State must triumph church if children’s safety questioned

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Lately, the news has been buzzing with information about the Yearning for Zion Ranch, a religious compound in Eldorado, Texas, after a 16-year-old girl called from inside the compound and claimed she was being abused by her 49-year-old husband.

Members of this Texas religious sect are part of the Fundamentalist Church of Jesus Christ of Latter Day Saints, a group that split from the Mormon Church when the latter banned polygamy in 1890. Not much is known about the sect; its members are not very willing to share information, and not many records are kept. Texas police claim that polygamy is ongoing and have administered DNA tests to try to distinguish family lines. The police also found a document detailing marriages between girls as young as 15 or 16 years old to men in their 40s. The sect seems to be stuck in the 19th century, when younger women married older men frequently; however, this is when the life expectancy was also much lower. While it’s hard to imagine today a young woman wanting to marry a man 25 years her senior, The New York Times reports that marrying young and having lots of children are what the sect’s members aspire to in life.

The state has removed more than 400 children from the ranch and has placed over 100 of them in foster care in nearby areas. The remaining children that were removed are currently being housed in the sports arena, the San Angelo Coliseum, and San Angelo Pavilion.

After seeing the women of the ranch on TV, it’s hard to classify the sect as anything but cult-like. The women seemed like Stepford wives, unable to veer from their script when different questions were posed to them, only able to repeat that their concern was for the return of their children. All of the secrecy surrounding the Ranch doesn’t help clear its leaders’ names; such mystery hints that something is indeed being hidden from the public (and it’s not just the women below their concealing, outdated clothing).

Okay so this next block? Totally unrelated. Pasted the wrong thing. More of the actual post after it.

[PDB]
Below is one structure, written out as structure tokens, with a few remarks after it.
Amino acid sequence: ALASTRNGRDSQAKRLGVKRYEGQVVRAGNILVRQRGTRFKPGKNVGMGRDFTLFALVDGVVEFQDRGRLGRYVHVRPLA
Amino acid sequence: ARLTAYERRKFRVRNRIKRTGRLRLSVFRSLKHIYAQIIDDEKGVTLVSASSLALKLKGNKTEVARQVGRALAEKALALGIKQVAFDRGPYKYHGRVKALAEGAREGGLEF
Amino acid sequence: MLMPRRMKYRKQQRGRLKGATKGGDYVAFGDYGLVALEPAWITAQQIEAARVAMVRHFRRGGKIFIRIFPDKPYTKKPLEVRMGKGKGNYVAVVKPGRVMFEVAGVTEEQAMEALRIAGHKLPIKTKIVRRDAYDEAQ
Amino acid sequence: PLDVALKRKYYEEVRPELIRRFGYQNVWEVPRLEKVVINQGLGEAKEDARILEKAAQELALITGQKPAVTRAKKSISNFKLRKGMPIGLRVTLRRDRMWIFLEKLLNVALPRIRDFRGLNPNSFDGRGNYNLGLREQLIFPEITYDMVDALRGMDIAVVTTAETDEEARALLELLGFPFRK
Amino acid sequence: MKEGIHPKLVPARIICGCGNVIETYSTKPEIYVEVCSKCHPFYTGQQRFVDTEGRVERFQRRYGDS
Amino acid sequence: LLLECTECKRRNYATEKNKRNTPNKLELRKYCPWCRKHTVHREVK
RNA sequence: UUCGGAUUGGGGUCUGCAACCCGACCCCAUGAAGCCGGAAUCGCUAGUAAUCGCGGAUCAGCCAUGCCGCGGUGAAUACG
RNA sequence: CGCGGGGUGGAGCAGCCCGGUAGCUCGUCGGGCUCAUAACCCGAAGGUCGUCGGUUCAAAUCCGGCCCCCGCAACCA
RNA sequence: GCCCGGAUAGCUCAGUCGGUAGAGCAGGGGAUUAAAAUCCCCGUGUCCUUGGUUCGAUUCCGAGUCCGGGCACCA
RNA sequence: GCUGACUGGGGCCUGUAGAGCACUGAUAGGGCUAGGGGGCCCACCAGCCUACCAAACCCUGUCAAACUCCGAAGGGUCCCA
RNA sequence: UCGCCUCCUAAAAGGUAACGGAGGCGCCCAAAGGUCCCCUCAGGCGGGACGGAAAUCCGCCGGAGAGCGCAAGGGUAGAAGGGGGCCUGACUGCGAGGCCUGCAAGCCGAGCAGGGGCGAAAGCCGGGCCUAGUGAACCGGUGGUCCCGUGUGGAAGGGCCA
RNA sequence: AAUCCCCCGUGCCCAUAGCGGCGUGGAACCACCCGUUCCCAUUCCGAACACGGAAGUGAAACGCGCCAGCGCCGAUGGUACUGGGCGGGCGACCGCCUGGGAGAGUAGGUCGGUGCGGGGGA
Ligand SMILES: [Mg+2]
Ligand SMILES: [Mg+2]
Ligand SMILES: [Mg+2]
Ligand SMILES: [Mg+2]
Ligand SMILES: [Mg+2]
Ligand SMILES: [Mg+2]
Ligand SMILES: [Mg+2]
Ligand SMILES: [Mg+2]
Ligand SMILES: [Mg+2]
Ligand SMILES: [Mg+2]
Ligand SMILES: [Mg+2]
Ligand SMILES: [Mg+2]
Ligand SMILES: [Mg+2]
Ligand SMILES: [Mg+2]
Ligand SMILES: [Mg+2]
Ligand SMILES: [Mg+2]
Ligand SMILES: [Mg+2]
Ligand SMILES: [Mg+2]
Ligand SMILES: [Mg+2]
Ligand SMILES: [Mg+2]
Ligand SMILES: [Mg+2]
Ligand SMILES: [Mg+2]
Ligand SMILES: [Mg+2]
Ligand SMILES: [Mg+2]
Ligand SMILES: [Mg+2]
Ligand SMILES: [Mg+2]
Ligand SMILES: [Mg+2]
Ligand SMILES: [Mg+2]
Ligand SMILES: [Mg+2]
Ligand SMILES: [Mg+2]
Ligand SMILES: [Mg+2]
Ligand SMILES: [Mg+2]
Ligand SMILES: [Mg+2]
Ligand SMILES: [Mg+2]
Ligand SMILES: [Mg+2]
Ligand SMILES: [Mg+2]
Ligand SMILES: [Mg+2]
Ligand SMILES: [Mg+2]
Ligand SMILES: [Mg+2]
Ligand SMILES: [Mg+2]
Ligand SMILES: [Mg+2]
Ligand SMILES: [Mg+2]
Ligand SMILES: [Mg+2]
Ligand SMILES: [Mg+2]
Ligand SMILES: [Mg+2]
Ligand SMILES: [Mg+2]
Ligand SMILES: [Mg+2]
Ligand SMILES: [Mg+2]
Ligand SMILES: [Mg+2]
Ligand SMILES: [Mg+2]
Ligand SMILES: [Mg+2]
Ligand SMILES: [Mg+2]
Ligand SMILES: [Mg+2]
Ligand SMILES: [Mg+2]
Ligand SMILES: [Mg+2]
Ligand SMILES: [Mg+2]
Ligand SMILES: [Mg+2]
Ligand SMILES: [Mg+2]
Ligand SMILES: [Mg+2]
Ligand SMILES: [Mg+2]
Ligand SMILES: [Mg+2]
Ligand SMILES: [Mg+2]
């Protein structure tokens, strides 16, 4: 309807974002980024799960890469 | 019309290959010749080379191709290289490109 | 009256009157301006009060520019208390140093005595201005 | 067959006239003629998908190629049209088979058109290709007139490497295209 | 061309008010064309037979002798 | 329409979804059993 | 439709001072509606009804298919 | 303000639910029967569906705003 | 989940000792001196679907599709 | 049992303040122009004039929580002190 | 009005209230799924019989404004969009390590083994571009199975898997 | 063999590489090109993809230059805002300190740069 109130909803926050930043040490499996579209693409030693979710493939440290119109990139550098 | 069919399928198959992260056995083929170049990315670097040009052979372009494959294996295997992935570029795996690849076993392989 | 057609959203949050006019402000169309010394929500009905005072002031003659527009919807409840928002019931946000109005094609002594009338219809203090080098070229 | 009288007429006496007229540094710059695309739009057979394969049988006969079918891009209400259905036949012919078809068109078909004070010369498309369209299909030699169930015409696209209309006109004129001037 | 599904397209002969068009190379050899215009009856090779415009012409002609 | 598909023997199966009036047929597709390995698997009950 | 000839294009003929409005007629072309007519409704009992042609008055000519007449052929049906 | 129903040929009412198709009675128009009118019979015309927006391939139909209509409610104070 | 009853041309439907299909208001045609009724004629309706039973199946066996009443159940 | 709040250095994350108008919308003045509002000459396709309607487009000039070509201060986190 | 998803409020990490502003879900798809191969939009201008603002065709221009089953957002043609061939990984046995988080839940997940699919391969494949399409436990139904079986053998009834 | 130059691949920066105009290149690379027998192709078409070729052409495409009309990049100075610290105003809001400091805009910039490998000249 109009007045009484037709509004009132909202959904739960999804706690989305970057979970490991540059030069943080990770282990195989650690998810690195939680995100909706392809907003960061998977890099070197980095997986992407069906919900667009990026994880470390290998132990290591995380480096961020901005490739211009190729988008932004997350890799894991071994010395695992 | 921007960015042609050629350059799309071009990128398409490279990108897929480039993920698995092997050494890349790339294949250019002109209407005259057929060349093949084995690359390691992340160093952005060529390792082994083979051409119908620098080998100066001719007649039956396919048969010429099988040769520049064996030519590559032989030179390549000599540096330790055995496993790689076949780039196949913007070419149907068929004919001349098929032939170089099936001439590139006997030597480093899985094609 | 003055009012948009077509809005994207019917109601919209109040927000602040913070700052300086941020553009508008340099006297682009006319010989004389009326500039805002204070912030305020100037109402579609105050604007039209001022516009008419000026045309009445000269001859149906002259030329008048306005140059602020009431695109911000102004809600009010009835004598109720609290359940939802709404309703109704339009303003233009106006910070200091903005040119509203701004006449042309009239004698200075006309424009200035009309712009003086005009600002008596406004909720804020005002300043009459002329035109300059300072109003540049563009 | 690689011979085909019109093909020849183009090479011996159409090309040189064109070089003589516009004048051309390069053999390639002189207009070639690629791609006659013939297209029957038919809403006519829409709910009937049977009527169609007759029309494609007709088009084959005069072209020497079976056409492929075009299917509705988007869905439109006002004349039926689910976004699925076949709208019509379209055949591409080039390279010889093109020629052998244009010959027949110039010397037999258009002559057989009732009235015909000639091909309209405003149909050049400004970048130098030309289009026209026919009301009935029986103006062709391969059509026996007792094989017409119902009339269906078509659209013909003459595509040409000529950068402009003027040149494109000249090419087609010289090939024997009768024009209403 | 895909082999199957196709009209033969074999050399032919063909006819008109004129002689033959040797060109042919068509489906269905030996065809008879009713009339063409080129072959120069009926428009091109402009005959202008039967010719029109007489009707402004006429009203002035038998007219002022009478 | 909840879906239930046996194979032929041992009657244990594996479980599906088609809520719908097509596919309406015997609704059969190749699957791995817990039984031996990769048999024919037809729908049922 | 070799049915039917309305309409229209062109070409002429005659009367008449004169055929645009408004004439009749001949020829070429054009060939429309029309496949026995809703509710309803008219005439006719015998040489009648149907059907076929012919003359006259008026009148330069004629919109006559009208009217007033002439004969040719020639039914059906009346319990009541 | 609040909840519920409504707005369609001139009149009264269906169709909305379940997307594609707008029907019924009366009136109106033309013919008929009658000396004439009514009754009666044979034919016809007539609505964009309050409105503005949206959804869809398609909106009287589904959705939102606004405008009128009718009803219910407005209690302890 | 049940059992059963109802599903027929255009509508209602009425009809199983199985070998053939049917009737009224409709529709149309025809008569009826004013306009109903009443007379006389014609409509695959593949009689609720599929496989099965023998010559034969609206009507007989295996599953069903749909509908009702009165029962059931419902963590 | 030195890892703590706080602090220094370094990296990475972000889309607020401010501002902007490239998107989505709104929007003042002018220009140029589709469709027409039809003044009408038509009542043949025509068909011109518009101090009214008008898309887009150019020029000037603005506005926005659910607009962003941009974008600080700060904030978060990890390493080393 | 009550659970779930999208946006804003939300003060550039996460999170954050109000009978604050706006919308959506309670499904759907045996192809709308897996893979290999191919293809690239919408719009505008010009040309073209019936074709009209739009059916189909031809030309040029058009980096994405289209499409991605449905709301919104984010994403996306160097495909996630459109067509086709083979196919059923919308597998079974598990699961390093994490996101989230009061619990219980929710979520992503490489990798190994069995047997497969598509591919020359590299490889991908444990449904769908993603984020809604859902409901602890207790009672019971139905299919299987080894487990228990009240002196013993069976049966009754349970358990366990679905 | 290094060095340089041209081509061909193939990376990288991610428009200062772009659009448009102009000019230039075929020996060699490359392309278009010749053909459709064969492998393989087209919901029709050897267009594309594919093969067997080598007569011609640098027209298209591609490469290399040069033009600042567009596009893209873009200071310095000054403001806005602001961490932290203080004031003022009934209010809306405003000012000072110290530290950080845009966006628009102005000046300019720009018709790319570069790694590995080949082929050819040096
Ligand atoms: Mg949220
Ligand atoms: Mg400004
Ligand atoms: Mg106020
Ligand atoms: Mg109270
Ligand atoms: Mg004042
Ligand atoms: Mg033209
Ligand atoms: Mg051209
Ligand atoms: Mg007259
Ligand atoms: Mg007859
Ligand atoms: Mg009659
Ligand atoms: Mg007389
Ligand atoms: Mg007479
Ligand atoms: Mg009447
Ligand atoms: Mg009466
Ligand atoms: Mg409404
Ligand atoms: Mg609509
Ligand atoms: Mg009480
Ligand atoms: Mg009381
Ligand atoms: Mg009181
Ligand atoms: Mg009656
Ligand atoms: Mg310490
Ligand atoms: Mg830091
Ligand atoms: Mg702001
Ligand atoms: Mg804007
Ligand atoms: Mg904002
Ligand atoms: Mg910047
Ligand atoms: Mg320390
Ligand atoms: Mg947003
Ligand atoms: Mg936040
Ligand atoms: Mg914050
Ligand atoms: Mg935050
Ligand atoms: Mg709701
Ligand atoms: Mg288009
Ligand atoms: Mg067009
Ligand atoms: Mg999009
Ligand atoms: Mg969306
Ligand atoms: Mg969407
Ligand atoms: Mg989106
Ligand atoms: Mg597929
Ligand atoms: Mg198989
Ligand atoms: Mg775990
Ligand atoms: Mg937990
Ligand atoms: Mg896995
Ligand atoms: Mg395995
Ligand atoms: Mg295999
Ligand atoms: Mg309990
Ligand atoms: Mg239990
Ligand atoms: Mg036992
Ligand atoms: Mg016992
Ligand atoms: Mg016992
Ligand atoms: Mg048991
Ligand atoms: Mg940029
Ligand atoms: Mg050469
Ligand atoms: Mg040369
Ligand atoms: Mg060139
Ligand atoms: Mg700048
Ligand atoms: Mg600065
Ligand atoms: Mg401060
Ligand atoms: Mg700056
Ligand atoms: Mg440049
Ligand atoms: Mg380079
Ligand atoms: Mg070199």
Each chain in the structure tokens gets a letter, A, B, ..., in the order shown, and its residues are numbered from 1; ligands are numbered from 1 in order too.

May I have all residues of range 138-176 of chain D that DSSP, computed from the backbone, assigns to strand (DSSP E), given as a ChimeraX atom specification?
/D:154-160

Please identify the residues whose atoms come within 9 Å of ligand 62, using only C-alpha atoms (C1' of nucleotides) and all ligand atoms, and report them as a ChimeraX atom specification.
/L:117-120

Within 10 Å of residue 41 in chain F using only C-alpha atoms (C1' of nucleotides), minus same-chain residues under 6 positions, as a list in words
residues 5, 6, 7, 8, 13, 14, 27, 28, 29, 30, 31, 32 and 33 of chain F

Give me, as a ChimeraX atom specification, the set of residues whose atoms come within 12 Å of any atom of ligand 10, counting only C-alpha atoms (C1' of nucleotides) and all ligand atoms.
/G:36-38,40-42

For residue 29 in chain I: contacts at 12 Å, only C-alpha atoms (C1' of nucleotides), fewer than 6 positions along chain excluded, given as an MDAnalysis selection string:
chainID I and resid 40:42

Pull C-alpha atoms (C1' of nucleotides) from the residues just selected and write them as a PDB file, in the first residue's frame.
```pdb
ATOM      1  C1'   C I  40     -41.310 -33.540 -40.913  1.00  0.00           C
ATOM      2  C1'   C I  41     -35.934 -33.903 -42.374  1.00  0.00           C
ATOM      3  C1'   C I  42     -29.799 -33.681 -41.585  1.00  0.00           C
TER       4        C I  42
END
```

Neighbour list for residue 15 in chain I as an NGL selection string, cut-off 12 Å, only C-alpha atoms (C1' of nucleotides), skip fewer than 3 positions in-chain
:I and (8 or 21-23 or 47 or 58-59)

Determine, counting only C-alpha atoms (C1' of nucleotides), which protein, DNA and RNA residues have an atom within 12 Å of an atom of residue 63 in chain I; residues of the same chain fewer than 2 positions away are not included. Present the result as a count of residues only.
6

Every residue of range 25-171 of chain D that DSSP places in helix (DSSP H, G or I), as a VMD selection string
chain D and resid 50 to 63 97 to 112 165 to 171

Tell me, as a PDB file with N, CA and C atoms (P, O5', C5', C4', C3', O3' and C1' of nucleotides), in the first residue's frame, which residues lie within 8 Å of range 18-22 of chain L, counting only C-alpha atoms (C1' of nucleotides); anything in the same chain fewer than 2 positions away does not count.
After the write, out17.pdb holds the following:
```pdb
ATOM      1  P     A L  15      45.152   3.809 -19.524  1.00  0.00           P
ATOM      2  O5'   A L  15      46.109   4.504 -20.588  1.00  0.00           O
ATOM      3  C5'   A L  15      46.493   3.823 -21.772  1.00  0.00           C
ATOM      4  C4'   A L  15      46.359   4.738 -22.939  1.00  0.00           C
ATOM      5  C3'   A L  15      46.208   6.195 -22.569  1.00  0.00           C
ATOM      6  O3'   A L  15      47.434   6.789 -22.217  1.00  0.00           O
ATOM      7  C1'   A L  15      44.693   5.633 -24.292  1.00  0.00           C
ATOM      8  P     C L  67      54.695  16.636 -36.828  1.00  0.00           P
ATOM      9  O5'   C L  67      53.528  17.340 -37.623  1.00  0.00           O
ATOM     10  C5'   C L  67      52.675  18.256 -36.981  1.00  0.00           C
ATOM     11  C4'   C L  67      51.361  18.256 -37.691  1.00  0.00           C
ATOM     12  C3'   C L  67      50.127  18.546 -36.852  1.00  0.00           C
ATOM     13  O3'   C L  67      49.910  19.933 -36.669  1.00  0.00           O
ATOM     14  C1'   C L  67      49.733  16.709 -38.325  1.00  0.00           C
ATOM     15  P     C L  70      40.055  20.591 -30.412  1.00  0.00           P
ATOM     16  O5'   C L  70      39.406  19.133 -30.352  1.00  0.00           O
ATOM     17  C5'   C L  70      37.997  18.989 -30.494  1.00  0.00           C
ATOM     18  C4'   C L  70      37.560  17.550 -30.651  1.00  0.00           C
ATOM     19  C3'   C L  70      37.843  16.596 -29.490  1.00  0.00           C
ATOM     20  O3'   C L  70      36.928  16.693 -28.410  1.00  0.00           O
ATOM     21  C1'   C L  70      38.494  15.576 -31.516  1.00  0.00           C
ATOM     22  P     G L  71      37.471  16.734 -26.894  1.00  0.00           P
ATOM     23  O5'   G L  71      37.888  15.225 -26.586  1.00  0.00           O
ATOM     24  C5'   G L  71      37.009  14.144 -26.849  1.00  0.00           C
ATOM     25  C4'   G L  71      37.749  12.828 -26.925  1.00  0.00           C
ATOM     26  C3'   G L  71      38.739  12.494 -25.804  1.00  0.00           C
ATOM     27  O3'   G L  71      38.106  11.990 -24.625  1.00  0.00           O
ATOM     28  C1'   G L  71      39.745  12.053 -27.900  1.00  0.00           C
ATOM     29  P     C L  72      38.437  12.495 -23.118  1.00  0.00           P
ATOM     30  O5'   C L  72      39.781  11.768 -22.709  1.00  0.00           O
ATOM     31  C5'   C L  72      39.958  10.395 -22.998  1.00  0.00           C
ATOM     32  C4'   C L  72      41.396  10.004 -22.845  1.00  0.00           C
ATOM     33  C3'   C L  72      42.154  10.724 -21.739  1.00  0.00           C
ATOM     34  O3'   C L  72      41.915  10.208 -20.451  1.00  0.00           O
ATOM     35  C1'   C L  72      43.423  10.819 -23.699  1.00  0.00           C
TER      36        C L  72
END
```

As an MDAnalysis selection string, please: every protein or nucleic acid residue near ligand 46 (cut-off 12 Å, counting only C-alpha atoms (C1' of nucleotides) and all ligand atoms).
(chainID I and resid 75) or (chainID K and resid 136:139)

There is indeed a lot of mystery surrounding the case of the polygamous Texas ranch. First is the matter of Sarah, the girl who supposedly made the call to the police. When state officials investigated, the mothers claimed that no such girl existed, while other girls claimed that they did know of Sarah, but that they didn’t know where she was. Whether or not Sarah is real, however, the phone call “she” placed has amassed so much attention that it should help to make people aware of the wrongful practices occurring at the ranch.

In addition, the case of the hundreds of children taken from the ranch is still up in the air. Without proof that they’re in danger of being mistreated, there’s no real reason that they should be kept from their families — and such proof is difficult to find. The women have pleaded for the children’s returns, but they still won’t answer any questions about the ranch. While the mothers are unquestionably concerned for their children, it appears that they really don’t know what is best for them by keeping them in such a limiting environment, and so the state must protect the children when their parents cannot.

A key issue in this case is the ever-present question of the separation of church and state — should the state really have the power to take away children from the ranch because their religious practices are frowned upon? While some may say that they should be allowed to practice their religion however they please, we must keep in mind that they are still living in the United States, where polygamy is, in fact, illegal, as are underage sexual relations. Just because we have a separation of church and state does not mean that unjust acts under the former should be ignored. The state must put the protection of the children first and foremost, and until the church starts speaking up, it seems the only way to do so right now is to keep the children away from the church and its members.